|Publication number||US6809403 B2|
|Application number||US 10/046,812|
|Publication date||Oct 26, 2004|
|Filing date||Jan 17, 2002|
|Priority date||Apr 30, 2001|
|Also published as||EP1255334A1, US20020158300|
|Publication number||046812, 10046812, US 6809403 B2, US 6809403B2, US-B2-6809403, US6809403 B2, US6809403B2|
|Inventors||David Martin Gee|
|Original Assignee||Agilent Technologies, Inc.|
|Export Citation||BiBTeX, EndNote, RefMan|
|Patent Citations (4), Non-Patent Citations (4), Referenced by (11), Classifications (23), Legal Events (9)|
|External Links: USPTO, USPTO Assignment, Espacenet|
The present invention relates, in general, to an electrical circuit and method for mitigating the effects of a current increase due to a fault within the circuit. The invention is particularly, but not exclusively, concerned with a current increase across a laser diode due to an electrical short within the circuit.
In the field of integrated circuits, it is known that faults may occur in the structure of an integrated circuit. These structural faults may occur during the manufacturing process or alternatively they may arise during use either as a result of material weaknesses or misuse of the circuit. It is very difficult to locate all faults in an integrated circuit prior to use. Unfortunately, undetected faults may cause the integrated circuit (and any electrical devices that it is coupled to) to fail in their operation.
It is known in the art to design electrical circuits which are ‘fault tolerant’. A fault tolerant circuit is generally configured so that a failure of strategic components does not result in the complete loss of circuit operation.
Where an integrated circuit includes a laser diode within the circuitry, undetected faults may be especially problematic. For example, if the integrated circuit were shorted to ground as a result of a component of the integrated circuit failing, then a significant increase in current across the laser diode may occur. The current increase may cause light intensity emitted from the laser diode to increase because the light intensity output from the laser diode is proportional to the current drawn. An increase in light intensity output may represent significant danger to a user of the laser diode circuit, the danger arising from inadvertent projection of the laser light into the user's eye. In this regard, all laser circuits must be stringently tested for compliance with stipulated regulatory requirements, which testing is arduous and therefore expensive. In any event, even if a circuit passes the regulating (safety) tests, there is no guarantee that a fault will not emerge with time with a particular device, which fault could generate a localised current that drives the laser divide output beyond stipulated light intensity outputs and into an unsafe operational state.
There is therefore a need to produce an electrical circuit which mitigates the problem of an increase in current resulting from an undetected or unexpected electrical fault.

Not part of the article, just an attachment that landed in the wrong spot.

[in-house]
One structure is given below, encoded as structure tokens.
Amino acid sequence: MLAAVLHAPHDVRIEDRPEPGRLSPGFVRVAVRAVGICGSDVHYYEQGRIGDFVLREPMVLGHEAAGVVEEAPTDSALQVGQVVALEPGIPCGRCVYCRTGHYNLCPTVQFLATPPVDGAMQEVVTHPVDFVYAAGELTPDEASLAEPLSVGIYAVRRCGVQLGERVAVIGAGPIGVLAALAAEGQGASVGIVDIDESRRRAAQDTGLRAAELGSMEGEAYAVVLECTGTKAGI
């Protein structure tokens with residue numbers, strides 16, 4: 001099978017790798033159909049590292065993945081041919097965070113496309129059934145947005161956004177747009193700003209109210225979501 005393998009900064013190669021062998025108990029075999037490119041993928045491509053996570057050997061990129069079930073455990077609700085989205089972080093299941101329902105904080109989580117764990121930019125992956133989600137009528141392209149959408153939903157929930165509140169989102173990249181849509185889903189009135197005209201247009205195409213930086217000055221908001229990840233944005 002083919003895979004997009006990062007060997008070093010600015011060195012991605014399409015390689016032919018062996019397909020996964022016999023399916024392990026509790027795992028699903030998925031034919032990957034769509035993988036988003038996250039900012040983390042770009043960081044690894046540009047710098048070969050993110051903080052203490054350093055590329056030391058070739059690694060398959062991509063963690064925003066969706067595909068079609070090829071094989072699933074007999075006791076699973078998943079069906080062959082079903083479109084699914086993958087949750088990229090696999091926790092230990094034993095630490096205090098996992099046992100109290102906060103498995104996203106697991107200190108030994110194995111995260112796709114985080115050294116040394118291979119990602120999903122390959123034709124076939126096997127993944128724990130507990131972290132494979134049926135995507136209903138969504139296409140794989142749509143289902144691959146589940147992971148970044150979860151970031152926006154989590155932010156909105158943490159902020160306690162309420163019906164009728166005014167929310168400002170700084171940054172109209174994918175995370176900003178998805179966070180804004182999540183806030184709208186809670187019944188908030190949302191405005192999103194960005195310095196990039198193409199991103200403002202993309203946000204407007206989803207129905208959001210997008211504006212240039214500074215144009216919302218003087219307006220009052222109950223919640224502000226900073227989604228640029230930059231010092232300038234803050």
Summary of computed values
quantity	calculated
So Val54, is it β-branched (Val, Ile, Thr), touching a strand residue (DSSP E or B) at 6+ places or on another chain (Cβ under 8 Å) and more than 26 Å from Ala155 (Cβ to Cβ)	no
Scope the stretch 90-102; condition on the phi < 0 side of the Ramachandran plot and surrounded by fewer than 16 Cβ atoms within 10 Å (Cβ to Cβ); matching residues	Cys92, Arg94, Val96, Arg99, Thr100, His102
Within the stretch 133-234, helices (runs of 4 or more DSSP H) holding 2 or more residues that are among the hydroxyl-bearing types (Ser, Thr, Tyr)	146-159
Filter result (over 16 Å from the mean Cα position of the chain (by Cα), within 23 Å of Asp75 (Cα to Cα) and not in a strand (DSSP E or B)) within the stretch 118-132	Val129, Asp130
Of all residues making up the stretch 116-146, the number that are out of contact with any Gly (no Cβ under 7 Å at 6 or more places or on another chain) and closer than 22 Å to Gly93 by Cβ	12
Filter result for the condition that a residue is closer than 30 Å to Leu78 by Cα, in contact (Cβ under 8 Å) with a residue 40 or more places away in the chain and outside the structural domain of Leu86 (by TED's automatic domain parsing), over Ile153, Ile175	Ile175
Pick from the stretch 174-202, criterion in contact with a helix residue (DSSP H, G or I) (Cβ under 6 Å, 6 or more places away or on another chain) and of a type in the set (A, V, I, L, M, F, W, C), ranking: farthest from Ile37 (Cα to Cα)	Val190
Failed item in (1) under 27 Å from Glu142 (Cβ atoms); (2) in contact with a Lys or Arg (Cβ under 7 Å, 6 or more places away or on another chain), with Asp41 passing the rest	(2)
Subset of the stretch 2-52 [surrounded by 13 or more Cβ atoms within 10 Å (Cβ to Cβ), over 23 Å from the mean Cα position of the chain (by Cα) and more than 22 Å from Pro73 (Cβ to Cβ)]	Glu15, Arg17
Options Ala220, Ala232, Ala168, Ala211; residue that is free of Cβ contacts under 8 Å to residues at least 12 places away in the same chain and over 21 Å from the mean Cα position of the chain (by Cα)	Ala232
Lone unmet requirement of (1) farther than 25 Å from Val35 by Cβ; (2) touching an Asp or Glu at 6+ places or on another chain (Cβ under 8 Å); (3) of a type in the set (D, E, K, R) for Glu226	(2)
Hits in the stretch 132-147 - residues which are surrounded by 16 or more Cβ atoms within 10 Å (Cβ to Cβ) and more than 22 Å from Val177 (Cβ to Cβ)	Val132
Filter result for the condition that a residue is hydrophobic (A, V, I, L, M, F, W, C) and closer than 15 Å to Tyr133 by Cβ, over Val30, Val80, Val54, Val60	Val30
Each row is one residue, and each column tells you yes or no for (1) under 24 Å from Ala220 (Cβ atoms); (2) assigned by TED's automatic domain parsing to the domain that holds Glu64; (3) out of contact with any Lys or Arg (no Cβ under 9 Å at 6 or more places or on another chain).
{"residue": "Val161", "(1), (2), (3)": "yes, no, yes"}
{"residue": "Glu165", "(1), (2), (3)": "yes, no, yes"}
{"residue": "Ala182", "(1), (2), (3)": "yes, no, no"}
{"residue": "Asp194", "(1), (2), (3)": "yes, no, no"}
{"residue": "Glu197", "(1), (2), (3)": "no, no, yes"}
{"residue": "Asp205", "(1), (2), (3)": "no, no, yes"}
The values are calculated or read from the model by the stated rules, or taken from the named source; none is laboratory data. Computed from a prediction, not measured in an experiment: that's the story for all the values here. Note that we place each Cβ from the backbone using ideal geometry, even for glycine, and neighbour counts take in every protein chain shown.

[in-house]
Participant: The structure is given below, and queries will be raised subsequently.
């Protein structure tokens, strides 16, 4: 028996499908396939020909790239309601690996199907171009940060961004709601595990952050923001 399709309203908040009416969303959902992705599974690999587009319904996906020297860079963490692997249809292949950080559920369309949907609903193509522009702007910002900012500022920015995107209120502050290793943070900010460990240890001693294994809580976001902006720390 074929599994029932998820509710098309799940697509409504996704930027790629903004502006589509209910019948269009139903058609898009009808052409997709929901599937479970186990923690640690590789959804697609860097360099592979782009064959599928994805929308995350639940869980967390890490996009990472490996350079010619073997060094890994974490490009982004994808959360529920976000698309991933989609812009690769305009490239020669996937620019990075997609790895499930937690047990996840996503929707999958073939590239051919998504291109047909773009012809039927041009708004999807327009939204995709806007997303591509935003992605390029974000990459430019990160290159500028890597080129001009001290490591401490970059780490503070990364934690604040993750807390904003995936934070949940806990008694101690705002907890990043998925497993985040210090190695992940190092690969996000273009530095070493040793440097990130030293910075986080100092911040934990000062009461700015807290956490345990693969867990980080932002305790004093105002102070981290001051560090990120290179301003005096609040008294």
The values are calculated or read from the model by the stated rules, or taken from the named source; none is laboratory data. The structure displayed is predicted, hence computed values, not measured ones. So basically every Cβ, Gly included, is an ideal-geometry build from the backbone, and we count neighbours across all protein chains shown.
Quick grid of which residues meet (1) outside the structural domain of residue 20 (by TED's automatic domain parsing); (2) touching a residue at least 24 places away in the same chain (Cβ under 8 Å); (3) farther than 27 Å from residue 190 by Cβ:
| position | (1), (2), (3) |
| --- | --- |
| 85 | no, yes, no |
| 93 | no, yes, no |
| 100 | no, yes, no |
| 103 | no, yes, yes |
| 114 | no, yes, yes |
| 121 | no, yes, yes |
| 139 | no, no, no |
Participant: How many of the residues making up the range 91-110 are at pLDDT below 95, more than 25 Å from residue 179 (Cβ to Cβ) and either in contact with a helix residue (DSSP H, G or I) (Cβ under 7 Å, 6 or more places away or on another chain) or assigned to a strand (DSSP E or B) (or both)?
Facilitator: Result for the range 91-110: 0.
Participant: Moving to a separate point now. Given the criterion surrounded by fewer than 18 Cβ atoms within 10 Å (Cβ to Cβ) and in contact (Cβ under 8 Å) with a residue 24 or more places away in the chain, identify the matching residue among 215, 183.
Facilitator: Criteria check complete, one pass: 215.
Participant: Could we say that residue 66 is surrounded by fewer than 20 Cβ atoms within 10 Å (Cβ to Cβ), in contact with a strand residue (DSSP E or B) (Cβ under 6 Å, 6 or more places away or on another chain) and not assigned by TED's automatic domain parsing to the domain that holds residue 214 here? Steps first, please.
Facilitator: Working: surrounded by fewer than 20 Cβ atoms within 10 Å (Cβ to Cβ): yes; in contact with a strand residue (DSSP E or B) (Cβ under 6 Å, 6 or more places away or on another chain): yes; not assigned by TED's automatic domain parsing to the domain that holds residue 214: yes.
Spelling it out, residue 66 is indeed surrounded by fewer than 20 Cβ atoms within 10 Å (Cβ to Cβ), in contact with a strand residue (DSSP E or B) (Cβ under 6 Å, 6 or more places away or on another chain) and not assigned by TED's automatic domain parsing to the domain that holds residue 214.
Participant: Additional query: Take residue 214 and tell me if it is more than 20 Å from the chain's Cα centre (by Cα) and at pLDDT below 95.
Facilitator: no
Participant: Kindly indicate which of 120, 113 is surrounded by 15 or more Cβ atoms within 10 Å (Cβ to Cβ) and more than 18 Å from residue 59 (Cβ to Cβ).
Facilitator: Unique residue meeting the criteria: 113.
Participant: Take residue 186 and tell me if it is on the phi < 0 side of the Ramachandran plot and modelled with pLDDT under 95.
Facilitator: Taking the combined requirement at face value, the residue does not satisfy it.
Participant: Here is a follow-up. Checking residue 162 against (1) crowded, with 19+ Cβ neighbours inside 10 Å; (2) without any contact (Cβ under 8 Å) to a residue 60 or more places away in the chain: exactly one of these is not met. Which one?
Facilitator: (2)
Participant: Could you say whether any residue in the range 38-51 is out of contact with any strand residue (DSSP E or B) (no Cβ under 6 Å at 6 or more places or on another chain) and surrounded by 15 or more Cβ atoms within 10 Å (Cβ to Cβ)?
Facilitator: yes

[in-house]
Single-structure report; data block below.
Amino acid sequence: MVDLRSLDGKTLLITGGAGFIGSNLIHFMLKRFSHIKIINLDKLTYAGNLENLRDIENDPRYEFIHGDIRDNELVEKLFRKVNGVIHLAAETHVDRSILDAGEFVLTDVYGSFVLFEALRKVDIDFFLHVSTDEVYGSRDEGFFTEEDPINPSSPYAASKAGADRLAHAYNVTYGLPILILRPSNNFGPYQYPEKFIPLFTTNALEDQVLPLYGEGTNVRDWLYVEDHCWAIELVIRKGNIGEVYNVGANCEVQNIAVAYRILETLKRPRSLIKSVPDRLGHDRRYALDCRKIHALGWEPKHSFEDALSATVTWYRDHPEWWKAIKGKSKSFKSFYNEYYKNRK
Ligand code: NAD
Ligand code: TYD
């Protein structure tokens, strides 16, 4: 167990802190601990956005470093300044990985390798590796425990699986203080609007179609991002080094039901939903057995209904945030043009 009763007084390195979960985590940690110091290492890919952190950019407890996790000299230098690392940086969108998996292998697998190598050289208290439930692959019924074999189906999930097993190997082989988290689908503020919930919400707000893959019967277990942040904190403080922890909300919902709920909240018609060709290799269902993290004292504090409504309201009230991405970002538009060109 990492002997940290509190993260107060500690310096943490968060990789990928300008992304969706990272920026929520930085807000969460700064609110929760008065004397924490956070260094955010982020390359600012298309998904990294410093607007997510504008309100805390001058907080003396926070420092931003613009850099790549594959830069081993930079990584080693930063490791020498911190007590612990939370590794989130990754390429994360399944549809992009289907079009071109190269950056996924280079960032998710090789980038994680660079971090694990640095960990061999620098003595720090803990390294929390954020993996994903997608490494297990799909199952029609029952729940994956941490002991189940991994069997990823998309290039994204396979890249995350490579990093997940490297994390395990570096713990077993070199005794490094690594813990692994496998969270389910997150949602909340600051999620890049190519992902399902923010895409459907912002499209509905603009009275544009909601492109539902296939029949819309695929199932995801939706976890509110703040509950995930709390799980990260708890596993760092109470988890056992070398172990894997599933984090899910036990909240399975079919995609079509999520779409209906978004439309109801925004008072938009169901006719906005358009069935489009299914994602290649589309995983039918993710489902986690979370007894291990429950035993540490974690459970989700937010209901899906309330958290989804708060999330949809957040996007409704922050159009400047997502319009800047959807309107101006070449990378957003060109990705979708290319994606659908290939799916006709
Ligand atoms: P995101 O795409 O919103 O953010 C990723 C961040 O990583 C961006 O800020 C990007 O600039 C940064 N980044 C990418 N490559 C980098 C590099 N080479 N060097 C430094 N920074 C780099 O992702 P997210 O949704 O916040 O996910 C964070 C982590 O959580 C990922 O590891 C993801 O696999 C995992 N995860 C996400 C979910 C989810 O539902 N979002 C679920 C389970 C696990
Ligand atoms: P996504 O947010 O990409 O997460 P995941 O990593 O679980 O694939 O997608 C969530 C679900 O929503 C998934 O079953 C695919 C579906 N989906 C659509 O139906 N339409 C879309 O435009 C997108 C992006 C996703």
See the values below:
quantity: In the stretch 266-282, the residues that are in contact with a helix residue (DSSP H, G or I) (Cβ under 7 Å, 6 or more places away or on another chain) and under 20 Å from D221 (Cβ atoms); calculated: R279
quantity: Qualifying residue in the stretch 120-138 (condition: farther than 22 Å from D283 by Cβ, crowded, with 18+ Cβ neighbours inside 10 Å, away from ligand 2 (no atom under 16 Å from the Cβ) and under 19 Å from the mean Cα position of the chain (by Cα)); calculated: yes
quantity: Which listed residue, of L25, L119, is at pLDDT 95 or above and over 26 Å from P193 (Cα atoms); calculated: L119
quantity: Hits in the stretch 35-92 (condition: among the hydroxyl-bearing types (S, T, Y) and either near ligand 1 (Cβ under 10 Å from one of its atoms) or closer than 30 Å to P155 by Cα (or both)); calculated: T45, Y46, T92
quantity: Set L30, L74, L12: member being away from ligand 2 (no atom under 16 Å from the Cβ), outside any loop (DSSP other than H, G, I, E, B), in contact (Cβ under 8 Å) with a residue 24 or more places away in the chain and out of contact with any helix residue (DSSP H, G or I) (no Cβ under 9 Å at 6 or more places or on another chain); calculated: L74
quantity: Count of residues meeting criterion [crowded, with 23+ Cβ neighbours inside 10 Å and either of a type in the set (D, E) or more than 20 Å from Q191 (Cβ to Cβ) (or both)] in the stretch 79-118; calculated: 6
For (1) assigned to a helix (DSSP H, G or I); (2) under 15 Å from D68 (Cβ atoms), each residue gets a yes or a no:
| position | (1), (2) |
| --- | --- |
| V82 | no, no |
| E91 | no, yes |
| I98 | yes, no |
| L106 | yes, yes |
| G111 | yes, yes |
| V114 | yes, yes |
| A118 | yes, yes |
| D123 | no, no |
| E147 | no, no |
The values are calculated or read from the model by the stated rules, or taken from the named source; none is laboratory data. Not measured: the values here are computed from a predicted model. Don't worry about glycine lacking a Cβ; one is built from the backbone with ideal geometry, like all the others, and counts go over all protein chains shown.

According to a first aspect of the present invention, there is provided an electrical circuit containing a first circuit having associated therewith a first track supporting, in use, a first current; and a second circuit drawing, in use, a second current, the second circuit located proximate to the first track, the electrical circuit characterised by an electrical shield providing an electrically isolated enclosure, the electrical shield positioned substantially about the first track and such that the shield inhibits, in use, shorting of the first track to the second circuit to restrict, in use, substantial summing of the first current with the second current.
The shield, in use and under fault conditions, may inhibit establishment of a short circuit supporting flow of a current greater than a predetermined threshold through an electrical component.
The electrical component may be a laser diode, and the second circuit may be a track. Also, the shield may comprise at least one metal layer within an integrated circuit or printed circuit board, the shield further including at least one via.
In a second aspect of the present invention there is provided an electrical device comprising the electrical circuit of the first aspect of the present invention.
In a third aspect of the present invention there is provided an integrated circuit or printed circuit board comprising the electrical circuit of the first aspect of the present invention or the electrical device of the second aspect of the present invention.
In a fourth aspect of the present invention there is provided a method of mitigating effects of a short circuit fault condition within an electrical circuit, the method comprising determining a current sensitive circuit; and providing a ground insulated shield substantially about said current sensitive circuit to prevent, in use, a short circuit fault condition associated with a second electrical circuit from increasing current through the current sensitive circuit.
The invention may also comprise a method of laying out the electrical circuit such that at least one metal layer and at least one via of the non-critical track form a shield around a greater part of the determined critical track.
Advantageously, a fault tolerant integrated circuit may be achieved by the layout of the circuit components and, where the circuit includes a laser diode, a sudden increase in light intensity output by the laser diode (which may damage the eyes of the user) may be avoided. Specifically, a track including the laser diode is identified and insulated by means of a layout of the circuit (metal layers and vias are utilised to form an insulating shield around the laser diode).